I expect it to be easier. My strong preference is to make small steps. Yesterday was a super example of that, where we did nine commits and a revert in about two hours. I’m not saying that to blow my own horn, just to point out that we happened to go in tiny steps, moving a method or sometimes two, inch by inch, step by step, and it went well.
I like it when things go well. Let’s see what we might do today.
Let’s Find Something Easy
It’s Saturday, after all, no sense working too hard. That said, I can imagine a move that might be valuable, but that could be troublesome.
function GameRunner:createLevel(count) self.dungeonLevel = self.dungeonLevel + 1 if self.dungeonLevel > 4 then self.dungeonLevel = 4 end TileLock=false self:createNewDungeon() self:createTiles() self:clearLevel() self:createRandomRooms(count) self:connectRooms() self:convertEdgesToWalls() self:placePlayerInRoom1() self:placeWayDown() self:placeSpikes(5) self:placeLever() self:setupMonsters(6) self.keys = self:createThings(Key,5) self:createThings(Chest,5) self:createLoots(10) self:createDecor(30) self:createButtons() self.cofloater:runCrawl(self:initialCrawl(self.dungeonLevel)) self:startTimers() self.playerCanMove = true TileLock = true end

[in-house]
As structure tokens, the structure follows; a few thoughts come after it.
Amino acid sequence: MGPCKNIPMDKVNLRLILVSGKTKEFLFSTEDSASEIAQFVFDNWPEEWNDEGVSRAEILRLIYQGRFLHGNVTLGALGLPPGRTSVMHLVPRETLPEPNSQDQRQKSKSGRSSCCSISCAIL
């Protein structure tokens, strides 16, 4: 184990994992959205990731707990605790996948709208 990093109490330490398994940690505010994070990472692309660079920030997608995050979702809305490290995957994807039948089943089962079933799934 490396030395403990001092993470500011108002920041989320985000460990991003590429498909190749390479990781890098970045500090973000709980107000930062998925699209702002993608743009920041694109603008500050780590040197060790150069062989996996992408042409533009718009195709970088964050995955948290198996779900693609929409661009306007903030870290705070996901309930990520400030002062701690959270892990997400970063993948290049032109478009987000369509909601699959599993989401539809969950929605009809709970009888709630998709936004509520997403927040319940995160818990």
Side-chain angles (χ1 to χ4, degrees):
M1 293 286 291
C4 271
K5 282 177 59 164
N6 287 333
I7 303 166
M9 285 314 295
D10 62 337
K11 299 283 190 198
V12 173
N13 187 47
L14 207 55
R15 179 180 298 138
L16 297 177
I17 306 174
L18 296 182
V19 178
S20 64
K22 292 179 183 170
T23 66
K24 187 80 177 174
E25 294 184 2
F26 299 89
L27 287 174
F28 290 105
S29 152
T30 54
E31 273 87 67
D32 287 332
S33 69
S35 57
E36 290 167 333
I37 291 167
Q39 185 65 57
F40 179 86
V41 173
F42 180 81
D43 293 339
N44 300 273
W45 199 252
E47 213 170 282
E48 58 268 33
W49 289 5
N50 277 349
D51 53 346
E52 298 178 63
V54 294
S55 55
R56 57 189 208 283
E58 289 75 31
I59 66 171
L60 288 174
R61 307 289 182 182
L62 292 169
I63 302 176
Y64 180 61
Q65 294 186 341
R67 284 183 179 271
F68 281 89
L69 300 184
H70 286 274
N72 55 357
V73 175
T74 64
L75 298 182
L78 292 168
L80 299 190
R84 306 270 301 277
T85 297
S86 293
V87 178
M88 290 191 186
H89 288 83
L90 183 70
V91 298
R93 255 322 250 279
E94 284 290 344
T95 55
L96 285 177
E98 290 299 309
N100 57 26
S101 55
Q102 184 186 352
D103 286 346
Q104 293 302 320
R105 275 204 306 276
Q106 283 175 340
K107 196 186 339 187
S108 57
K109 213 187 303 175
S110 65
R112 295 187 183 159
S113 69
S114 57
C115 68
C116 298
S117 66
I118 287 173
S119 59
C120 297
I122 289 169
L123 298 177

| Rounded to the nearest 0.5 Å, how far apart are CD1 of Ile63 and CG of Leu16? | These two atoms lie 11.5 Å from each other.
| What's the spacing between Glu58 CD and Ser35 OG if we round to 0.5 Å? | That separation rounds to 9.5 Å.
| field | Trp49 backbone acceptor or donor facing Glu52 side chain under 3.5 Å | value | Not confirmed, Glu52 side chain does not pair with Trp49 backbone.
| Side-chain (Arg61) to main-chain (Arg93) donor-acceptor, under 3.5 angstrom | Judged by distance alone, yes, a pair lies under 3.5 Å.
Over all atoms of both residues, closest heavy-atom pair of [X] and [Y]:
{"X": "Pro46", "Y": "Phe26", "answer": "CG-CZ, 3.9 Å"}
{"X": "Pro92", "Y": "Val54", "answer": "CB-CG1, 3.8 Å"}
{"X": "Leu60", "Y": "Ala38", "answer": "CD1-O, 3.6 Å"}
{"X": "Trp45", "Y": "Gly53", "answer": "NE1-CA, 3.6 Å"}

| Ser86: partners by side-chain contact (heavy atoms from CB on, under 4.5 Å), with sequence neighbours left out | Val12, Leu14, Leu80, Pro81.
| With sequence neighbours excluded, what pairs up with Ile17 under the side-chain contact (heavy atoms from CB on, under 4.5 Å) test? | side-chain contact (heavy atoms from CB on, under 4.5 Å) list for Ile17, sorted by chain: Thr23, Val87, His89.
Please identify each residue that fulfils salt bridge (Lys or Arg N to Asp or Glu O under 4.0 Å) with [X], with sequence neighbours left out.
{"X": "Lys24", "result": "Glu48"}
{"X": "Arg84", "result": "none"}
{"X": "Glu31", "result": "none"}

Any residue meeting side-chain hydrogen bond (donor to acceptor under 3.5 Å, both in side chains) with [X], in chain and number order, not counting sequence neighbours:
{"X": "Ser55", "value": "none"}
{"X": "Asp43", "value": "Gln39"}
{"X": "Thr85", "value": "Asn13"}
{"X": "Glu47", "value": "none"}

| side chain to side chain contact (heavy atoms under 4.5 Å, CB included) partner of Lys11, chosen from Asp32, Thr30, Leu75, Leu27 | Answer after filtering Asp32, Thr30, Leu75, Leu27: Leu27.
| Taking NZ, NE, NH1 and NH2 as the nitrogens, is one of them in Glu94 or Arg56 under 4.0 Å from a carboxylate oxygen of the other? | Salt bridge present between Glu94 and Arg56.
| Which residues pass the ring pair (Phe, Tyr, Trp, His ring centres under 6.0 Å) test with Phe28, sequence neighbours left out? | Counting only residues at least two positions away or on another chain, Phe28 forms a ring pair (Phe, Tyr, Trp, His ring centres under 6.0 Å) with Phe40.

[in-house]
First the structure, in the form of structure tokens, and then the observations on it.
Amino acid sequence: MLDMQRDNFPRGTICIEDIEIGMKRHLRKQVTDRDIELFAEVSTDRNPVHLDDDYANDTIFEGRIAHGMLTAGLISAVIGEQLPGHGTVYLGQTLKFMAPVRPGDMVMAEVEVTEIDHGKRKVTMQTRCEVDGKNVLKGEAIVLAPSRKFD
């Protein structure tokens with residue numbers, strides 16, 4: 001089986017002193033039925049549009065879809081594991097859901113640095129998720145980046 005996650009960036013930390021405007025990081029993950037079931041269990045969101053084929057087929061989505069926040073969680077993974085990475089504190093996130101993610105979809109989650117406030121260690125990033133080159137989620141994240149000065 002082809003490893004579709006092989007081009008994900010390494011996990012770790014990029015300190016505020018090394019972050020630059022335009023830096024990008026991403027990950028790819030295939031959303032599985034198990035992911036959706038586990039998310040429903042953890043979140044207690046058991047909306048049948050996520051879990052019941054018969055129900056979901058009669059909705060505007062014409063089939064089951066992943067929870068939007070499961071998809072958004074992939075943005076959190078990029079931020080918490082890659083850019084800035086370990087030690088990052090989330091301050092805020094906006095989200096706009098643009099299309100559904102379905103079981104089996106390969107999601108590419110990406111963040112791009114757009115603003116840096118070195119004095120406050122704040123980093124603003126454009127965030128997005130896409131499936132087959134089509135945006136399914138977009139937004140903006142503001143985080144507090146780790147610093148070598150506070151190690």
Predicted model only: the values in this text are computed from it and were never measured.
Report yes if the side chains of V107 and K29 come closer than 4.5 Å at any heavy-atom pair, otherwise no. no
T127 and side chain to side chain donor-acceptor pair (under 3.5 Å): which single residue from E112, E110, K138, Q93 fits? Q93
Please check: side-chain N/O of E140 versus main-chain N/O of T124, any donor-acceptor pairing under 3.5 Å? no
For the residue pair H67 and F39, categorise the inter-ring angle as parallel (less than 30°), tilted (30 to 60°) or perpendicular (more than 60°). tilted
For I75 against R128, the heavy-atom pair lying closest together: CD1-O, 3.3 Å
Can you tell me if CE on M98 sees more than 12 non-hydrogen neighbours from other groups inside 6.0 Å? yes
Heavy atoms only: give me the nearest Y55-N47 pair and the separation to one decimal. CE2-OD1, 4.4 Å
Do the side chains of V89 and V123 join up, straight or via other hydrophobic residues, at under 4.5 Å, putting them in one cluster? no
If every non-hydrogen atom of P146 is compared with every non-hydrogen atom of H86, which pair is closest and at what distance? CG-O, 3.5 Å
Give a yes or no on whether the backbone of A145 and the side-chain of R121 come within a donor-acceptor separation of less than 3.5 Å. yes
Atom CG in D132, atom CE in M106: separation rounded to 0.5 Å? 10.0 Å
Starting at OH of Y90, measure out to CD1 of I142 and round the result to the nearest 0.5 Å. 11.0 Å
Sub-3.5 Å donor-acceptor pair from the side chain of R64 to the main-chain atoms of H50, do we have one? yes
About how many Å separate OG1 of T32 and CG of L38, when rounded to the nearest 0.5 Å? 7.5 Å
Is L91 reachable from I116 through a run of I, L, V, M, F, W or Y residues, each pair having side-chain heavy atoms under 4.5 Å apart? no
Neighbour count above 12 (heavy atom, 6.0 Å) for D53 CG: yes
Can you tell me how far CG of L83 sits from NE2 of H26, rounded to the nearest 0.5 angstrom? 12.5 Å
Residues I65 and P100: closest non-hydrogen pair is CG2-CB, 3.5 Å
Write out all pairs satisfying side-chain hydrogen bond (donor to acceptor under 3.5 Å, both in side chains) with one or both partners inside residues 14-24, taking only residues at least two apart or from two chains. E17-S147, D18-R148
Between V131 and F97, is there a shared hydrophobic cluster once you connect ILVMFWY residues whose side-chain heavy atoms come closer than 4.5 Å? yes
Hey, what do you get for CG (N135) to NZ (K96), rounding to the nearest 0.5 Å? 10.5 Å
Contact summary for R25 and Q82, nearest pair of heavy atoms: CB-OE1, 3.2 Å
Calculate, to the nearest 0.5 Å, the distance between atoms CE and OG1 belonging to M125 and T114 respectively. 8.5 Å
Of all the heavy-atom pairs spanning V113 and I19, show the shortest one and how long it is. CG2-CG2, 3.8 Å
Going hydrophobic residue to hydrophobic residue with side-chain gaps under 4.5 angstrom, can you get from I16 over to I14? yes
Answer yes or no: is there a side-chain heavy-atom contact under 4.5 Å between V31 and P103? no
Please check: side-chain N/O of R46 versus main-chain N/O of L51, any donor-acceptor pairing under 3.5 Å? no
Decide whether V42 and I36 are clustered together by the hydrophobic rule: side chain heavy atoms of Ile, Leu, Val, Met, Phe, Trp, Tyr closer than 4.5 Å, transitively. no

It takes a lot to build a level. Now some of those methods now forward to Dungeon:
function GameRunner:createTiles() self.tiles = self:getDungeon():createTiles(self.tileCountX, self.tileCountY) end function GameRunner:clearLevel() self:getDungeon():clearLevel() end function GameRunner:connectRooms() self:getDungeon():connectRooms(self.rooms) end function GameRunner:convertEdgesToWalls() self:getDungeon():convertEdgesToWalls() end
Now, our mission here is to move all the dungeon creation out of GameRunner. Over time, almost all those
self: calls back into GameRunner will want to be calling other objects, be they DungeonMaker, Dungeon, or Monsters. And there will probably be new objects, serving DungeonMaker, to make buttons or whatever.
So I am tempted to move
createLevel out of GameRunner this morning. I can see roughly how to do it, by calling back to GameRunner when it still holds that method, moving the methods one at a time. I can see two ways to go.
First, we could move all this over to Dungeon, much as we moved the other methods yesterday. I think that’ll be pretty straightforward, though there will be wiring to do.
However, this could be a chance to start the DungeonMaker class, by starting it off with just one method,
createLevel. Despite thinking just minutes ago that I’d defer making DungeonMaker for a few days, this does seem like a decent chance to do it. I’m tempted.
In a sense it doesn’t matter where we move it, to Dungeon or DungeonMaker. The work will be about the same. But there are two paths we could follow.
Suppose that in
GameRunner:createLevel we have an instance of Dungeon and/or DungeonMaker in hand. We could go through
createLevel one method at a time. Let me demonstrate by doing it: